The company that could have been Nvidia, but wasn’t
Hewlett Packard Enterprise has signed a definitive agreement to acquire SGI, formerly known as Silicon Graphics, for $275 million.
The price paid for high-performance computing (HPC) and big data analytics business is a 30 percent premium over SGI’s Thursday closing stock price, but well below the value the company had just a few decades ago.
SGI has around 1,100 employees worldwide, and had revenues of $533 million in fiscal 2016, recording a loss of $11 million.
Never regret thy fall, O SGI of the fearless flight, for the greatest tragedy of them all, Is never to feel the burning light
Founded in 1982, SGI grew quickly as it pioneered early desktop workstations and hardware for 3D image manipulation, as well as servers and supercomputers. By 1995, its market value was over $7 billion.
But after suffering from mismanagement, constant leadership changes, and the rise of companies like Nvidia who sold cheaper chips of similar use, SGI’s value began to plummet. With low priced Intel x86 microprocessors eating into its server business, and a failed attempt to sell workstations running Windows NT, business continued to falter.
In late 2005, the company was delisted from the New York Stock Exchange, with a value of $120 million. SGI filed for bankruptcy the next year, trying to reduce debt as it sold its headquarters to Google (the site later becoming the Googleplex).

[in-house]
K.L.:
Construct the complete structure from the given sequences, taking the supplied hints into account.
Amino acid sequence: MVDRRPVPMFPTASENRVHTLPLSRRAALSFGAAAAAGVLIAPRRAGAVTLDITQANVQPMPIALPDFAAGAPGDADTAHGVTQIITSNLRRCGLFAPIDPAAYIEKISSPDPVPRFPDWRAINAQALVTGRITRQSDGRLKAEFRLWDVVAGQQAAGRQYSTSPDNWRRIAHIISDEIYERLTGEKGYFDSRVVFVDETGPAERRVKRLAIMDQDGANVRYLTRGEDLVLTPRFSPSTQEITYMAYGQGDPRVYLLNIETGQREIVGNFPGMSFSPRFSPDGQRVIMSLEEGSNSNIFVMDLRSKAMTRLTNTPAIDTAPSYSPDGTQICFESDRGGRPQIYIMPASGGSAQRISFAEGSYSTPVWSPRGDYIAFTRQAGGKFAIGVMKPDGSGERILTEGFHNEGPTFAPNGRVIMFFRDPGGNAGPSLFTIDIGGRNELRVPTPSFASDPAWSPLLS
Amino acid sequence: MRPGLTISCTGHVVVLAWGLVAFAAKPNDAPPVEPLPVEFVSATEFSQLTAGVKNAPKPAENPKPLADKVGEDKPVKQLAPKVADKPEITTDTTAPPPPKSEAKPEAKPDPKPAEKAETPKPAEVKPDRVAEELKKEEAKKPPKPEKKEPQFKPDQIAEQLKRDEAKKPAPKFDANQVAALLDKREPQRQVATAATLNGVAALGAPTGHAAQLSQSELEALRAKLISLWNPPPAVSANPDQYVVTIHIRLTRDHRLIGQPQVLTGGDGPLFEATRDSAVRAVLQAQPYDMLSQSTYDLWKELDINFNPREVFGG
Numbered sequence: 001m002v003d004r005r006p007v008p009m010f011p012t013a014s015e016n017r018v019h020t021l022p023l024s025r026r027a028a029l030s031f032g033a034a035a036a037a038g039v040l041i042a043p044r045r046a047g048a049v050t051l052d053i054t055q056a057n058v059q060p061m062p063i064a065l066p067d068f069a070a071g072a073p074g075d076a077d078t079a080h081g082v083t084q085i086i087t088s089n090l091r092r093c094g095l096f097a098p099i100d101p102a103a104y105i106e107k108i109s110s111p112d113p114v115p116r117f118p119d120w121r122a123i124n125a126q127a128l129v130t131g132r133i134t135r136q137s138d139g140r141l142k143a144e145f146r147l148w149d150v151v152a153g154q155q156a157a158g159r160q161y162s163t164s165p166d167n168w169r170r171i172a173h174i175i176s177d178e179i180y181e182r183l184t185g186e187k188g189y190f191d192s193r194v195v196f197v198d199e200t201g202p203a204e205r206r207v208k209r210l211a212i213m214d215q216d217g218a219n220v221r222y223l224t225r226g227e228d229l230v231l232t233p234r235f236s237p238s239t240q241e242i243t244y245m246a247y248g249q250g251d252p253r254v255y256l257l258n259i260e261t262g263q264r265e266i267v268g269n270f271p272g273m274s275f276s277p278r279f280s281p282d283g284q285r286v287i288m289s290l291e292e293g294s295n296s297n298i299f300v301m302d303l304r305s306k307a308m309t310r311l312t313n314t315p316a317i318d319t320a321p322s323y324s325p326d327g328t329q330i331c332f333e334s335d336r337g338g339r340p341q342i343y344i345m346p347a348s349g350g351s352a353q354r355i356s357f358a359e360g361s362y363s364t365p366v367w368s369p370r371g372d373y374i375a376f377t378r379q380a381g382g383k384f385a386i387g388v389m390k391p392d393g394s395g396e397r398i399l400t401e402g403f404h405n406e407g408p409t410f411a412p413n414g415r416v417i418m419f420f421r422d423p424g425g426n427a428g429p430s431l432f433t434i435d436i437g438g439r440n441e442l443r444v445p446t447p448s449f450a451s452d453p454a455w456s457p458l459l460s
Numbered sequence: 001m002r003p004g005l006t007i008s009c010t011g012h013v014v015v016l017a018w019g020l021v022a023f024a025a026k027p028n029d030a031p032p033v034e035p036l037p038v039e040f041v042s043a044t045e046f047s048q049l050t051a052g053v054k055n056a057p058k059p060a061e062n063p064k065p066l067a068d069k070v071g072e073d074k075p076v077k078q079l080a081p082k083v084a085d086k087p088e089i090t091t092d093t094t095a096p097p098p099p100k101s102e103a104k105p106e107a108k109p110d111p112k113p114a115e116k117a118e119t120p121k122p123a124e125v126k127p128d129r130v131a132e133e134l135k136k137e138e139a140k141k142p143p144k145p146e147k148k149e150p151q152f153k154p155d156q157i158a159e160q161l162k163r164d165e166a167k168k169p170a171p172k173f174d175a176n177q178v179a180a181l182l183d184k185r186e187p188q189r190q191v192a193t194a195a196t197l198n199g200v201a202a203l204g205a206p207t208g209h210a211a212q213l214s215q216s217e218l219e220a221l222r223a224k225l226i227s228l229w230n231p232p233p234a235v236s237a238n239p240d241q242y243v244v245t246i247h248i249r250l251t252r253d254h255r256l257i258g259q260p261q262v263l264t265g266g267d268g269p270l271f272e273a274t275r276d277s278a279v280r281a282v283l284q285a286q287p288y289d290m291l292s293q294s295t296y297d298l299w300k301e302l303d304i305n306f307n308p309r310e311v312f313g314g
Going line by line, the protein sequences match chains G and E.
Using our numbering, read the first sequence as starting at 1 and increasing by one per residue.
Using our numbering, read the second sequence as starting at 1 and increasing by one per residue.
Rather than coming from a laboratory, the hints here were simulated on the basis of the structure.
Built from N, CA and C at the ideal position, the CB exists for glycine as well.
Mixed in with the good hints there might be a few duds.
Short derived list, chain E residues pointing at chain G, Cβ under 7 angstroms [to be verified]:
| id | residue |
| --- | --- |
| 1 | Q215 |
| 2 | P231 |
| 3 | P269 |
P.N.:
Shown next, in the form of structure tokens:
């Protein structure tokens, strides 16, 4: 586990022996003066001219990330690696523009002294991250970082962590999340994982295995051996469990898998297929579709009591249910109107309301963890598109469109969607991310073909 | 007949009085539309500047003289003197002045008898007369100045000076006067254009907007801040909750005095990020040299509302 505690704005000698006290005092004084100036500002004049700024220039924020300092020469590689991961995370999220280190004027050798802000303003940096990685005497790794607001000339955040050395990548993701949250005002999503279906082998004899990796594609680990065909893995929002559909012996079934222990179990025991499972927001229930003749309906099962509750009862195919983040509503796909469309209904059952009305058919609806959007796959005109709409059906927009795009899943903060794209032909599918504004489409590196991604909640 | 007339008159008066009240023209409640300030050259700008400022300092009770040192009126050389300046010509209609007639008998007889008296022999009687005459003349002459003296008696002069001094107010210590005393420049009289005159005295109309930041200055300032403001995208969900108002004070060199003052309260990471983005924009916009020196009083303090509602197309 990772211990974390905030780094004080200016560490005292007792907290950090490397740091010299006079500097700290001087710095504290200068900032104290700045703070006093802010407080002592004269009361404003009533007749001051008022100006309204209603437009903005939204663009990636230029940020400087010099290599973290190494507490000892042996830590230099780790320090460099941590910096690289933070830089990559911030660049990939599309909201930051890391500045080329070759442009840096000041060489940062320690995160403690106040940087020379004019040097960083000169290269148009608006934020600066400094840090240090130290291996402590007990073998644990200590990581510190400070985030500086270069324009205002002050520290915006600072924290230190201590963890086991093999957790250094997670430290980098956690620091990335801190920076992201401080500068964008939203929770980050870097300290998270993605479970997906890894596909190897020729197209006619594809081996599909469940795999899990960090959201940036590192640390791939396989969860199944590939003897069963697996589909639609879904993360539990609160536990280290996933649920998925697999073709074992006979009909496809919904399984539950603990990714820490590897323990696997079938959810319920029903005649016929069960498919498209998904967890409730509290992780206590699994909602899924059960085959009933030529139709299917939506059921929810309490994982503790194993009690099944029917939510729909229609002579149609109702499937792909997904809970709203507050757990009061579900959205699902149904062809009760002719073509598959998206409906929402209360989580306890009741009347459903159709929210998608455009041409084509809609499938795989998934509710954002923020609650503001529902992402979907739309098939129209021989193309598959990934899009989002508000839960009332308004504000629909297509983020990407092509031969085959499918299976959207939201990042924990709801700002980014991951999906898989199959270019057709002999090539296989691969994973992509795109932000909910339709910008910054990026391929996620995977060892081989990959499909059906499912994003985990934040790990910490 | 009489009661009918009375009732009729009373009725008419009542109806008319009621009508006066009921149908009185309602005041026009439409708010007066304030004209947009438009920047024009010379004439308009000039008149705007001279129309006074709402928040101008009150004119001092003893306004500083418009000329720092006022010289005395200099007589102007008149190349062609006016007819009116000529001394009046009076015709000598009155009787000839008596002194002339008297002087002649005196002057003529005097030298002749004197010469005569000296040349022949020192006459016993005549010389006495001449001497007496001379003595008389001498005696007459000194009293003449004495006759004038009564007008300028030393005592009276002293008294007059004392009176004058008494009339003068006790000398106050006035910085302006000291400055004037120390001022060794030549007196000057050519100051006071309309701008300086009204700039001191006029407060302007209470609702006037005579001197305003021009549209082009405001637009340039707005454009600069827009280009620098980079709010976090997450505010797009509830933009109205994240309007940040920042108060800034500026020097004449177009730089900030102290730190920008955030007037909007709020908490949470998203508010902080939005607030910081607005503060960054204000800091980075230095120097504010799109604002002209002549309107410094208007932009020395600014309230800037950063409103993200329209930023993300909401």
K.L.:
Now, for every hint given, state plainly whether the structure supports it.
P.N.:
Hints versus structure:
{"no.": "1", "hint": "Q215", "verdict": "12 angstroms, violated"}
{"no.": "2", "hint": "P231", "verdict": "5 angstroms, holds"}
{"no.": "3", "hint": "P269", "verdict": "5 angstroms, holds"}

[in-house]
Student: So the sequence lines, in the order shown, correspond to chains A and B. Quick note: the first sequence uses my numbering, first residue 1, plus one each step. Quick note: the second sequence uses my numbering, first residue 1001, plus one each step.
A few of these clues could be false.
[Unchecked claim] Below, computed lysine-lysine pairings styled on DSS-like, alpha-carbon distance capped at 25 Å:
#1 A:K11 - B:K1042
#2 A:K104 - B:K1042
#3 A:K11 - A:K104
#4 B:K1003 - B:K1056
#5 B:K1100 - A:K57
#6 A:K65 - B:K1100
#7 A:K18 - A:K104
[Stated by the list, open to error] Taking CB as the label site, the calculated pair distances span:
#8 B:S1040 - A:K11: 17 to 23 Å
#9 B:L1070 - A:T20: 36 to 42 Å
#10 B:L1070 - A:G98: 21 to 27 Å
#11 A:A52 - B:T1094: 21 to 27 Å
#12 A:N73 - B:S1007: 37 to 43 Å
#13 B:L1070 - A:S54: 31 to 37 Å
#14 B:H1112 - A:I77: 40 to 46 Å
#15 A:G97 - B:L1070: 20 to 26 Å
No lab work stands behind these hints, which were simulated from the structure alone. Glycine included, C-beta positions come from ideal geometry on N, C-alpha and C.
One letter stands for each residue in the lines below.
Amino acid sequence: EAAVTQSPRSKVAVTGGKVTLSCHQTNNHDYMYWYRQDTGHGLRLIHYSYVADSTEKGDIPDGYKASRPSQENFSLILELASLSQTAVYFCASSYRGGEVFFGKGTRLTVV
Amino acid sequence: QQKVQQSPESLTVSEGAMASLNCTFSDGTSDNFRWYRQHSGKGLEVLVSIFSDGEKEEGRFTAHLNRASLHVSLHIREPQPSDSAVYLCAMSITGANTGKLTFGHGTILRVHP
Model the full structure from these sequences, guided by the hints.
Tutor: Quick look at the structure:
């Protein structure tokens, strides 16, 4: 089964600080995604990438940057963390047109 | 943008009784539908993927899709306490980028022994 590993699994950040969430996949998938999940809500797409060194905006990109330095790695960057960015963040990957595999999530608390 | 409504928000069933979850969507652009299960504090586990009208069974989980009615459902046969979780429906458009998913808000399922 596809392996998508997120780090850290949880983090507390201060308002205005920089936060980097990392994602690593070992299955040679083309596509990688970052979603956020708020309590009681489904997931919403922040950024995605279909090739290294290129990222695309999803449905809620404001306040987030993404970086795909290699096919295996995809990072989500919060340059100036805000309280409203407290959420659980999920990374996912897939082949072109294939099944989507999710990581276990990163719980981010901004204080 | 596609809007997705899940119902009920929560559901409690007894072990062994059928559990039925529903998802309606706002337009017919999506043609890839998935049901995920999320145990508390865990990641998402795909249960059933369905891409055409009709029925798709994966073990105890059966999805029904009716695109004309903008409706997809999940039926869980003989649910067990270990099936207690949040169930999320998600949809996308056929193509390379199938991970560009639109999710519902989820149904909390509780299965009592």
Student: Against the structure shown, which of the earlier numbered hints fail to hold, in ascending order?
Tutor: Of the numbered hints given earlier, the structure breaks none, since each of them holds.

A second Chapter 11 bankruptcy proceeding in 2008 saw its assets purchased by x86 server vendor Rackable Systems, which assumed the SGI name. The new SGI focused on high-performance computers, storage hardware and big data analytics software.
“SGI’s innovative technologies and services, including its best-in-class big data analytics and high-performance computing solutions, complement HPE’s proven data center solutions designed to create business insight and accelerate time to value for customers,” Antonio Neri, EVP & GM at HPE, said of the latest acquisition.
Jorge Titinger, CEO and president of SGI, added: “Our HPC and high-performance data technologies and analytic capabilities, based on a 30+ year legacy of innovation, complement HPE’s industry-leading enterprise solutions. This combination addresses today’s complex business problems that require applying data analytics and tools to securely process vast amounts of data.
“The computing power that our solutions deliver can interpret this data to give customers quicker and more actionable insights. Together, HPE and SGI will offer one of the most comprehensive suites of solutions in the industry, which can be brought to market more effectively through HPE’s global reach.”
Subject to regulatory approvals, the acquisition will close in the first quarter of HPE’s fiscal 2017. HPE said that it expects the deal on to be neutral to earnings in the first full year following close, and add to its profit from then on.